But the Thomist is bound to judge that mere intellectual error is not the only problem. For it’s not just that people in contemporary Western society commonly disagree, at an intellectual level, with the natural law theorist’s judgments about what is disordered. It’s that they commonly act in ways that natural law theory says are disordered. And if such behavior has a tendency to impair one’s capacity to perceive what is true and good, especially where sex is concerned, then it follows that widespread rejection of traditional sexual morality is bound to have as much to do with the sort of cognitive corruption that Aquinas calls “blindness of mind” as it does with the making of honest intellectual mistakes. That people who don’t behave in accordance with traditional sexual moral norms also don’t believe that these norms have any solid intellectual foundation is thus in no way surprising. On the contrary, that’s exactly what natural law theory itself predicts will happen.

*  *  *

And thus it is no surprise that Christian theologians have traditionally emphasized the dangers sexual sins pose to one’s immortal soul. This is not because such sins are the worst sins — they are not — but rather because the pleasure associated with them makes them very easy to fall into and, if they become habitual, very difficult to get out of. (Churchmen who want to downplay the significance of sexual sins in the name of compassion are thus acting in a way that is in fact anything but compassionate.)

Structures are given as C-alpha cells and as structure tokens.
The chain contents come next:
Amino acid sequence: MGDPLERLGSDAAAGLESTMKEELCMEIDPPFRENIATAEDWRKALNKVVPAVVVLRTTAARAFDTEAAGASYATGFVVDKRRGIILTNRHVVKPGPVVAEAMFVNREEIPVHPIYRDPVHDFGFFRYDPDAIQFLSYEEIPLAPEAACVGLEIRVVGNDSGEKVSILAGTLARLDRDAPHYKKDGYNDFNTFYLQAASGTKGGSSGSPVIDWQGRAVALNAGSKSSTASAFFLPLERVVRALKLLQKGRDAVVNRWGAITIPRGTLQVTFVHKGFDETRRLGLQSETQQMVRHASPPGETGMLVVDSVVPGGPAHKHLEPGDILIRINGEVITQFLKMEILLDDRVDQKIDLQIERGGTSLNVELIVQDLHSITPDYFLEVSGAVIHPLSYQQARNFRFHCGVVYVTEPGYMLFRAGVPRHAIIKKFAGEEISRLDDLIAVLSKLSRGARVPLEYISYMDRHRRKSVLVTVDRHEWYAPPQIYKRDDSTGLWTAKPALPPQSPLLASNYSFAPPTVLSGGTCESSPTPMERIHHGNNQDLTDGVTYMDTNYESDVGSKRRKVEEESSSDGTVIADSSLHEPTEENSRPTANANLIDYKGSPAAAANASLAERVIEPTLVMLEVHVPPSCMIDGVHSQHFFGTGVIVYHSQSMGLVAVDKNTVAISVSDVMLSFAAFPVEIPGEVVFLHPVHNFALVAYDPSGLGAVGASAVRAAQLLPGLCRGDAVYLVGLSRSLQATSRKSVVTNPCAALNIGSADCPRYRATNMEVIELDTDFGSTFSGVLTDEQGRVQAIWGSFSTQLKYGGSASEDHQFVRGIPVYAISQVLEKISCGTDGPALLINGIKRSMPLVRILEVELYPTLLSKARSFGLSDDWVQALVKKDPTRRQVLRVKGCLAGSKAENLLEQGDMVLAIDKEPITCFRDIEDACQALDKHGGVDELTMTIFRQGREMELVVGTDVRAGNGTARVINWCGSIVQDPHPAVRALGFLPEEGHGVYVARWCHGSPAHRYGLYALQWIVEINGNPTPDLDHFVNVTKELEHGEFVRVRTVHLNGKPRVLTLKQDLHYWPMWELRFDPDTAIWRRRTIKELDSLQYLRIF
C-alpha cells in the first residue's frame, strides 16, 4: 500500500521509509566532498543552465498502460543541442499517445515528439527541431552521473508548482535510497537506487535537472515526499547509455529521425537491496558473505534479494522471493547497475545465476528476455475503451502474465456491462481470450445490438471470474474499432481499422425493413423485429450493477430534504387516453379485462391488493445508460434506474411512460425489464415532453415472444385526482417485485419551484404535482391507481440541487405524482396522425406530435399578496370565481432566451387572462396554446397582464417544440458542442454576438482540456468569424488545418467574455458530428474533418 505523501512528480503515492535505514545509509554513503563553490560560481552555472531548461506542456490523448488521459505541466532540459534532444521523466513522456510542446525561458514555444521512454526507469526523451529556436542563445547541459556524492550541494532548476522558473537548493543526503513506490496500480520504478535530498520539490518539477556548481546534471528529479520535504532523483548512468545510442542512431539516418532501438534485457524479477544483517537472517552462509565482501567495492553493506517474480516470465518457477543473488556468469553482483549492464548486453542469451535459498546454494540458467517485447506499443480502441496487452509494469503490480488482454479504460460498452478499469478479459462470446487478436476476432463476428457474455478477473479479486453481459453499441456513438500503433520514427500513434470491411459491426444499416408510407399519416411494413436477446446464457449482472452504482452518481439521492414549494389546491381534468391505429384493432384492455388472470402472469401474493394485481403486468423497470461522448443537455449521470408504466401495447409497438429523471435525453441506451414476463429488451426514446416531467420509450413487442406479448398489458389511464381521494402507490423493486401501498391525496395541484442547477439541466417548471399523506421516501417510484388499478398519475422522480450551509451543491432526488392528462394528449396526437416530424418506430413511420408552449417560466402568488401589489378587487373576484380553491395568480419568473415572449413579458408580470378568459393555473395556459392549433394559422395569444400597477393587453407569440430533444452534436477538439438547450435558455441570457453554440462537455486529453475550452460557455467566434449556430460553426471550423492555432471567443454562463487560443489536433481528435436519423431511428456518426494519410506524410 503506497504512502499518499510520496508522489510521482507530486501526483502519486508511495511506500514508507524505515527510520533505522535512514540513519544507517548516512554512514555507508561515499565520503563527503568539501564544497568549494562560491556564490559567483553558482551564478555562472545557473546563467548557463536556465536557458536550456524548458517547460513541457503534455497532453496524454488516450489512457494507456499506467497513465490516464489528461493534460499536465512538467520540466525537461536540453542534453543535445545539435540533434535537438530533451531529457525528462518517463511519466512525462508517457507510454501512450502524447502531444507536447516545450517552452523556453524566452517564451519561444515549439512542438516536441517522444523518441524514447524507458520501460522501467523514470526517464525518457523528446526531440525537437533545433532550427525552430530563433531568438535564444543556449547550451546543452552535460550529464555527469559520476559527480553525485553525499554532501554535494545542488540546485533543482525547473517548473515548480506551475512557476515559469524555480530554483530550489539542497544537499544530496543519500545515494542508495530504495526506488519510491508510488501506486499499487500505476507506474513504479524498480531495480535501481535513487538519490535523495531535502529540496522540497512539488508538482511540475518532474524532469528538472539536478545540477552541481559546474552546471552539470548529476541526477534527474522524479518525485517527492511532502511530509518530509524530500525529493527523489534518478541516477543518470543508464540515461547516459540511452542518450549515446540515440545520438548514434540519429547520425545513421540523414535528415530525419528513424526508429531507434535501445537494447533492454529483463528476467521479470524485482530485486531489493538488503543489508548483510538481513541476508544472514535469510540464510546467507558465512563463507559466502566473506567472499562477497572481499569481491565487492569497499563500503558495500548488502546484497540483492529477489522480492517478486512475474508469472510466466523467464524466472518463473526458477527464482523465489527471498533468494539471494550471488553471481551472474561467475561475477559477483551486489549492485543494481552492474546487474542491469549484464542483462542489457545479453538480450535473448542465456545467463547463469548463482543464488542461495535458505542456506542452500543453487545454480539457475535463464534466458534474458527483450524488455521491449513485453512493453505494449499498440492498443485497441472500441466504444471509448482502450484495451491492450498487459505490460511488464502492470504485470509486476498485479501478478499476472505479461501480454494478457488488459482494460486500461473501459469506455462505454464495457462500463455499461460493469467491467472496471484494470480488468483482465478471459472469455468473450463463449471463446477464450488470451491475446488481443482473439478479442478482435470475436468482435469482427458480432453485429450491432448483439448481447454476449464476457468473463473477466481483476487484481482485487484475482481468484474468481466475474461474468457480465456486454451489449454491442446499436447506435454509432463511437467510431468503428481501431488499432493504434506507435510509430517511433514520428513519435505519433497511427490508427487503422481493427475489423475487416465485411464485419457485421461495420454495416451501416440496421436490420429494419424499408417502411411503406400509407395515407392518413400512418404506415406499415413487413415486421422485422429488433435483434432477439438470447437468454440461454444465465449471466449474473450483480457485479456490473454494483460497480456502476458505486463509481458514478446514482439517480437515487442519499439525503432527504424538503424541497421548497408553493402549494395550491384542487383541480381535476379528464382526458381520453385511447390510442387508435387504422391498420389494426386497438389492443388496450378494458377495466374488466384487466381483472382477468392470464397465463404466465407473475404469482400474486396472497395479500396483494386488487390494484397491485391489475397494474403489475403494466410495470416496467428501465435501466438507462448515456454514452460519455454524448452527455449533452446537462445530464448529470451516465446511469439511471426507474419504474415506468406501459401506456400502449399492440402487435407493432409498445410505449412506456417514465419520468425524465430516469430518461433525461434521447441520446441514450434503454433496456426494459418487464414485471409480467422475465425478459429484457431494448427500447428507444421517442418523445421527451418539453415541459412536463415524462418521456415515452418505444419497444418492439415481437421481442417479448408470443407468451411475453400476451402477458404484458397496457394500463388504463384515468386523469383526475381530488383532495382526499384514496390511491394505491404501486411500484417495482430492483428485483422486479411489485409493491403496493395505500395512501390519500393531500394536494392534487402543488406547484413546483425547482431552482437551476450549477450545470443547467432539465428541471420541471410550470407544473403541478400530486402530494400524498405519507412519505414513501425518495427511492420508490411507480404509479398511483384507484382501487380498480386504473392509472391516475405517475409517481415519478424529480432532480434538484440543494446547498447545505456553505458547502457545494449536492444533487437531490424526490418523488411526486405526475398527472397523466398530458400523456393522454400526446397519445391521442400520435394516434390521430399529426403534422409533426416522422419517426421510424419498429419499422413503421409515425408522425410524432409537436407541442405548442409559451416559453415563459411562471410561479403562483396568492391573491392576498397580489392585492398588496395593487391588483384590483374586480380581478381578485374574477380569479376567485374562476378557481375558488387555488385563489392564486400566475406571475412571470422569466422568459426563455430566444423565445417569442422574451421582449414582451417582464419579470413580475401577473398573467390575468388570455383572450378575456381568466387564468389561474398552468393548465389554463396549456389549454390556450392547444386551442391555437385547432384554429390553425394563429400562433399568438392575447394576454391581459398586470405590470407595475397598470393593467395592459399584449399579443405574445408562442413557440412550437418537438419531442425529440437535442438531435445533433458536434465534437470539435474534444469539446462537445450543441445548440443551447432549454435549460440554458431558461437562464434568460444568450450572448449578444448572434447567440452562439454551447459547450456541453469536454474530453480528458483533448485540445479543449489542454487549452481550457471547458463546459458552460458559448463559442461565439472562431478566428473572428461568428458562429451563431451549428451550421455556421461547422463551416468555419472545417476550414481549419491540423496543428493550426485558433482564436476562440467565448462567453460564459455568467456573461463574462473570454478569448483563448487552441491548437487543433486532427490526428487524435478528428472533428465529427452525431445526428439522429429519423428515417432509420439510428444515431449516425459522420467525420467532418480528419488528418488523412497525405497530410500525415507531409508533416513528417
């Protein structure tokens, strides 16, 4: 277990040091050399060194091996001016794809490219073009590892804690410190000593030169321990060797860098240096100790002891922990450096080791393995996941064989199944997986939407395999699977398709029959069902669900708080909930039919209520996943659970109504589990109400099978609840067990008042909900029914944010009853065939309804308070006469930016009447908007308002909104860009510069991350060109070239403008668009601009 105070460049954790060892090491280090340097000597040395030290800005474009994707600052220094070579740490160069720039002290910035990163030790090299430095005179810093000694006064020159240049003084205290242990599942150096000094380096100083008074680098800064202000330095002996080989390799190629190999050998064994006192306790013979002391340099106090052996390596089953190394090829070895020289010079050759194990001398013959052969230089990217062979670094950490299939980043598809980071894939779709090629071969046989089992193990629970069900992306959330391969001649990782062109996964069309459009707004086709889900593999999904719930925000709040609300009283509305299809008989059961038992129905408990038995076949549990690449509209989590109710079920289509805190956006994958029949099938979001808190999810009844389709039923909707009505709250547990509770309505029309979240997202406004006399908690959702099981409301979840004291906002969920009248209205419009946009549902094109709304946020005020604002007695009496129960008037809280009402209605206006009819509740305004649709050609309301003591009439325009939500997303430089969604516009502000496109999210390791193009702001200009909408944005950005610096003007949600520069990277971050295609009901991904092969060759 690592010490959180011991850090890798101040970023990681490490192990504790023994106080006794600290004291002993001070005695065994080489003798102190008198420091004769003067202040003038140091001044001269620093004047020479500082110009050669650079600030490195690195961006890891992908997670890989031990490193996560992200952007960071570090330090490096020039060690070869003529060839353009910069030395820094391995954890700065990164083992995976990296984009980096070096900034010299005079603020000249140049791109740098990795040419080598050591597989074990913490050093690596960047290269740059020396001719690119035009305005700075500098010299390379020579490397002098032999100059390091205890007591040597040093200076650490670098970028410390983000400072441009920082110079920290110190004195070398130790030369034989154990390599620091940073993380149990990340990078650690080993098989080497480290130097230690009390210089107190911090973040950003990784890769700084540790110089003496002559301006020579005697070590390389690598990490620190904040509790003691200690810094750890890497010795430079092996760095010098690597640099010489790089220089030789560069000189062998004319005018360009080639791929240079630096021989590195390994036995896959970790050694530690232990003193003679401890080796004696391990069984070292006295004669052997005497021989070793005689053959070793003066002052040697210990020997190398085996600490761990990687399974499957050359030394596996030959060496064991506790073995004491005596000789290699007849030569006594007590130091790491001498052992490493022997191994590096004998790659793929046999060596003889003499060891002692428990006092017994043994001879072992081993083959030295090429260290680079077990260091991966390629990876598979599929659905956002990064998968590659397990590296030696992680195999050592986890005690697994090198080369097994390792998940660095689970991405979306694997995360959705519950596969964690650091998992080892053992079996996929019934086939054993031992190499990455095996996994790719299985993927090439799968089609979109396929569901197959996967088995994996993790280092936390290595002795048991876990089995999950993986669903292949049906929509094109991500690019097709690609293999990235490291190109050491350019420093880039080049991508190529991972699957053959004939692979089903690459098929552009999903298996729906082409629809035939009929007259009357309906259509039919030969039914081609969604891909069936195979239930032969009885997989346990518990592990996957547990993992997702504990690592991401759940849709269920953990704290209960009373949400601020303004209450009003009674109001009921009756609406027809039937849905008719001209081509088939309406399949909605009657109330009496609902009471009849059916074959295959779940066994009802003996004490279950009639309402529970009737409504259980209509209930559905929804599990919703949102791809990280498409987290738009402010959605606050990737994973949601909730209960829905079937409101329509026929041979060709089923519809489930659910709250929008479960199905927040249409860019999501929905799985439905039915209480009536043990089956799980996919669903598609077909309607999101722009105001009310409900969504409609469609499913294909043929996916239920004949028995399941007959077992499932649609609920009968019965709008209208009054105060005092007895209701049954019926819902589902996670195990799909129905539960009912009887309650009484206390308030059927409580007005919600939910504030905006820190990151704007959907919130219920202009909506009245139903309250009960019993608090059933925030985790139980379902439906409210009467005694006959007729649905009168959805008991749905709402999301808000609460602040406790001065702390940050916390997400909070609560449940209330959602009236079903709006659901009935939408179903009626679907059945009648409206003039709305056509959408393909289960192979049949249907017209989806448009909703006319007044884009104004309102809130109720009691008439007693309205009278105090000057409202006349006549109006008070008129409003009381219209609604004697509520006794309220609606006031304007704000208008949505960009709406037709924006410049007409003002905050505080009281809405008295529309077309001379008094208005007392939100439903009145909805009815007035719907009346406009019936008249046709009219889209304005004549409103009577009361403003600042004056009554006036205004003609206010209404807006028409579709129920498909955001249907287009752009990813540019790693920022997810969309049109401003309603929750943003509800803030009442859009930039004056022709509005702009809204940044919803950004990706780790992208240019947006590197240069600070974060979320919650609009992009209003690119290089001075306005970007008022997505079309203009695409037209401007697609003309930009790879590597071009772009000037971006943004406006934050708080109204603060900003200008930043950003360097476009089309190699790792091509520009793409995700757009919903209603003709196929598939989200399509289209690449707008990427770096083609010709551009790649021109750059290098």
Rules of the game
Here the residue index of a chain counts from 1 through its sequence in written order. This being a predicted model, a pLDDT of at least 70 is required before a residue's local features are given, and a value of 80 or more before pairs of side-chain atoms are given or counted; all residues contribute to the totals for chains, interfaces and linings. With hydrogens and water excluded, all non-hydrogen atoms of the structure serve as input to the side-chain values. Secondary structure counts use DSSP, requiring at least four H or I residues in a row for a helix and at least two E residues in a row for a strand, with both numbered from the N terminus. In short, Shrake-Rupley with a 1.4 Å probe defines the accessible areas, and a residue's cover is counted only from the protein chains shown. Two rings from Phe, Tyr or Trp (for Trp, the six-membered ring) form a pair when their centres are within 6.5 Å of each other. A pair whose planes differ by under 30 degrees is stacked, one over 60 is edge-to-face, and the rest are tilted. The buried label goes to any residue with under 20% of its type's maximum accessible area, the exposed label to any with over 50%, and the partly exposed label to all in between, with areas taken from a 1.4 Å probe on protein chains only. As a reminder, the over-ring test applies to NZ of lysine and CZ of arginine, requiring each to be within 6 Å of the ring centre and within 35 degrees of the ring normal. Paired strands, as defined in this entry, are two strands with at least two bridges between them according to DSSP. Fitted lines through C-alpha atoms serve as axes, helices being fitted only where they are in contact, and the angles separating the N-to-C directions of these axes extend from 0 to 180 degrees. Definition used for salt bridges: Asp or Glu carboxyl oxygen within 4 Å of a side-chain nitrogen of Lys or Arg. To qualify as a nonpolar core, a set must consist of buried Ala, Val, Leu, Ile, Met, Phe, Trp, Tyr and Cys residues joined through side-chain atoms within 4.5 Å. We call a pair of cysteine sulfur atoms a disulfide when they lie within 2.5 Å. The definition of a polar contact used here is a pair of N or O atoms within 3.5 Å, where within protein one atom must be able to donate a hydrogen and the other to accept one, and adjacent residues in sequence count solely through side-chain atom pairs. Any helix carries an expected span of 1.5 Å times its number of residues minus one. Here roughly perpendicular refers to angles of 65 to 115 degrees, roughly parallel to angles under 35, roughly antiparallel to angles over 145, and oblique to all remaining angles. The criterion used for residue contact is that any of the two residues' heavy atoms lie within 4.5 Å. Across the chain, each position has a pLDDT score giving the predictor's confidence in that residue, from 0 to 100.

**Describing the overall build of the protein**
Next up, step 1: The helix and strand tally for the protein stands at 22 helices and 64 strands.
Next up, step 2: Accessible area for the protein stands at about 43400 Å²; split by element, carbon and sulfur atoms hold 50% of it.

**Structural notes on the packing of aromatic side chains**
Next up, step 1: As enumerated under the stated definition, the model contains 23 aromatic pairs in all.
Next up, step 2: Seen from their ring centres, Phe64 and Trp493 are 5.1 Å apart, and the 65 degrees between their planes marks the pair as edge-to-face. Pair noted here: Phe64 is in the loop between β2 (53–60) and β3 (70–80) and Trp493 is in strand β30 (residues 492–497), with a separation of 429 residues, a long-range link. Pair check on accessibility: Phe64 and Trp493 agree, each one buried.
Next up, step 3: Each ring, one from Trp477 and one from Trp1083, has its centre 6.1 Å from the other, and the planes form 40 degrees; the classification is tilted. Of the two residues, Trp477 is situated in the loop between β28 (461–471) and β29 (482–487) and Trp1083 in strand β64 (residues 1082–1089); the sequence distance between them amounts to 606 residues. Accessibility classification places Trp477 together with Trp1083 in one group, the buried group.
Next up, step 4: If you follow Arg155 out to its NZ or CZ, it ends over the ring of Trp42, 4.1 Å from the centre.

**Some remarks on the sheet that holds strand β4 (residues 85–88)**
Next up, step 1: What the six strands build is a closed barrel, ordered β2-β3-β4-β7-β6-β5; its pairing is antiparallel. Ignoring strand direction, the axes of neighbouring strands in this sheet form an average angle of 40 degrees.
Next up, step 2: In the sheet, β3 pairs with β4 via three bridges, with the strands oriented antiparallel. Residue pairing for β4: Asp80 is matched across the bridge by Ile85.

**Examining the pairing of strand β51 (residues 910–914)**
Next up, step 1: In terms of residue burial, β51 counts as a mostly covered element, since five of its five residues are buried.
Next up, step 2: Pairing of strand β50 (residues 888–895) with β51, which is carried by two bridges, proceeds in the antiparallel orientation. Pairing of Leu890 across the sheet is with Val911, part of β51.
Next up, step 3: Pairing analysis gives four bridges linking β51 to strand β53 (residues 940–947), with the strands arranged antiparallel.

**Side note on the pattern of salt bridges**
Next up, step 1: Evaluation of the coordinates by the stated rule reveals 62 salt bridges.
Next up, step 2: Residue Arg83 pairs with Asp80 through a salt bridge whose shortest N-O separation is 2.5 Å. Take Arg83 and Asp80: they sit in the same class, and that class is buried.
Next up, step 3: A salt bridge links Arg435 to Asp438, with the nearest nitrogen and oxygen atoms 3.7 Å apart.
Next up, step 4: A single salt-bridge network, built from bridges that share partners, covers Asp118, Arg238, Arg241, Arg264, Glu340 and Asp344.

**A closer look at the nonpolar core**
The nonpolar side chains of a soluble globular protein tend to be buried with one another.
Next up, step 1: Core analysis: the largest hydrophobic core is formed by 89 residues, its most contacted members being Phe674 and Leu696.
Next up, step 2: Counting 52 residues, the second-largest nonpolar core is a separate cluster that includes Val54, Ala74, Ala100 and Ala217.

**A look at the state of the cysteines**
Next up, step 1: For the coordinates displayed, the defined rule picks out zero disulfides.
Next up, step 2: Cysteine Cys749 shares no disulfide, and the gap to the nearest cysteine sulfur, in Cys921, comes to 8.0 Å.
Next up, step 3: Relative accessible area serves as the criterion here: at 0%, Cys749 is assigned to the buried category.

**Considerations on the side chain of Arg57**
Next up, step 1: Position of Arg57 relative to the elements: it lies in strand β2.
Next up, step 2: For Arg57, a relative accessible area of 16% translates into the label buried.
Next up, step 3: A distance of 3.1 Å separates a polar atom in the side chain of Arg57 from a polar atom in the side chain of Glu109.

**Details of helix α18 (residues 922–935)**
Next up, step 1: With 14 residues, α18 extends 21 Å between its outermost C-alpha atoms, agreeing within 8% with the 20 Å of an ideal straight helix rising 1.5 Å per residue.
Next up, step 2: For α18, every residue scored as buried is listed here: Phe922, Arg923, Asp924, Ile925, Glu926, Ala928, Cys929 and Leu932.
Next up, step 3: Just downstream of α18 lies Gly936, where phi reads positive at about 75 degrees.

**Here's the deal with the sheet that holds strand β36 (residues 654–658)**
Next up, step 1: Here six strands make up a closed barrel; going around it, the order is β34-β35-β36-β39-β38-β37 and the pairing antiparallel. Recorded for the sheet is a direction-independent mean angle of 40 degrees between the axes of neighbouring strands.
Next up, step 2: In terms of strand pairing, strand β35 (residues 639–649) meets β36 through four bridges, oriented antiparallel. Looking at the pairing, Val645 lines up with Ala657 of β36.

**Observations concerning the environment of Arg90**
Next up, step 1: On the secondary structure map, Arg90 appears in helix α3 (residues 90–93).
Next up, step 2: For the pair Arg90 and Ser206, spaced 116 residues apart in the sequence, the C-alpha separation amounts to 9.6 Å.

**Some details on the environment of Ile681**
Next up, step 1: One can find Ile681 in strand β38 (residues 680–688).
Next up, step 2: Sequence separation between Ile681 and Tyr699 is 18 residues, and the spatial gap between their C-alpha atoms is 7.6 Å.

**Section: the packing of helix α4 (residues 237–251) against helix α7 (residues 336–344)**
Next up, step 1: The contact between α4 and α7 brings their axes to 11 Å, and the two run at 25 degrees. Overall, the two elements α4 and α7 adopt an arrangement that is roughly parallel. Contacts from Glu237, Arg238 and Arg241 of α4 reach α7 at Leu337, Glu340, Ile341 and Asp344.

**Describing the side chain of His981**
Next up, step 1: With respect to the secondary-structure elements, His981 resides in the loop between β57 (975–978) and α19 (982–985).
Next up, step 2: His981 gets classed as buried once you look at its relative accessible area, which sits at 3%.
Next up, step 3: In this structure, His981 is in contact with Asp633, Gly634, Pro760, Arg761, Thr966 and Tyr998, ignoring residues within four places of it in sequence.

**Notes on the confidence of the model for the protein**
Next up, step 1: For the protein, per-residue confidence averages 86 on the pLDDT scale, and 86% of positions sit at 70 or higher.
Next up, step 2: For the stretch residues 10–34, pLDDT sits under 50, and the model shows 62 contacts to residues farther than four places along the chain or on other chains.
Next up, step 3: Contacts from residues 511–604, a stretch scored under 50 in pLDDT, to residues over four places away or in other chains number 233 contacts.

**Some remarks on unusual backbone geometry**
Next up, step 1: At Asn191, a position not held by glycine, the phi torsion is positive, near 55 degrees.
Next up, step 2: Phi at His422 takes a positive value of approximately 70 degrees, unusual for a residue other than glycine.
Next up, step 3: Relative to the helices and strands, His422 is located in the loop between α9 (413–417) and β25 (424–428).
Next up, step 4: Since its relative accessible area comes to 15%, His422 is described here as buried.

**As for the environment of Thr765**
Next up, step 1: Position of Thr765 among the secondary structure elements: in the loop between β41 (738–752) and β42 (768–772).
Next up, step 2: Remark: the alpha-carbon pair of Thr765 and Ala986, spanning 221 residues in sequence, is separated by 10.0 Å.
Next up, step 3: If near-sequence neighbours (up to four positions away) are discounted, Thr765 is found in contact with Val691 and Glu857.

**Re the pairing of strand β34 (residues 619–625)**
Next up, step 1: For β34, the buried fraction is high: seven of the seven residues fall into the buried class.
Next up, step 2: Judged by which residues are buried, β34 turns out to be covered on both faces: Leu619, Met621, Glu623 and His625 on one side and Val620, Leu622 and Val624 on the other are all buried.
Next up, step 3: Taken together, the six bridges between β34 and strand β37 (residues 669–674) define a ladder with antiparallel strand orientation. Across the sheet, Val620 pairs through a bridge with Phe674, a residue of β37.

I highly recommend reading the whole thing, as these excerpts come nowhere near doing it justice.

Edward Feser, “What’s the deal with sex? Part II“, Edward Feser blog, February 6, 2015.

Prayers you don’t hear anymore, Part 2

“Guard me around about with the loving and watchful care of Thy holy angels: and before their most sure defence may the enemies of all good, flee in confusion. For the sake of this dread mystery and by the ministering hand of the holy angel of the sacrifice, do Thou, O Lord, preserve me and all Thy servants from that obstinacy of spirit wherein lies pride and vain-glory, envy and blasphemy, uncleanness and wrong-doing, doubt and mistrust. Let them be confounded that persecute us. Let them perish that are bent upon our ruin.”

Devotions in Preparation for Mass and Communion, prayer for Sunday, in The New Roman Missal (Fr. Lasance), 1956.

(See Part 1 here.)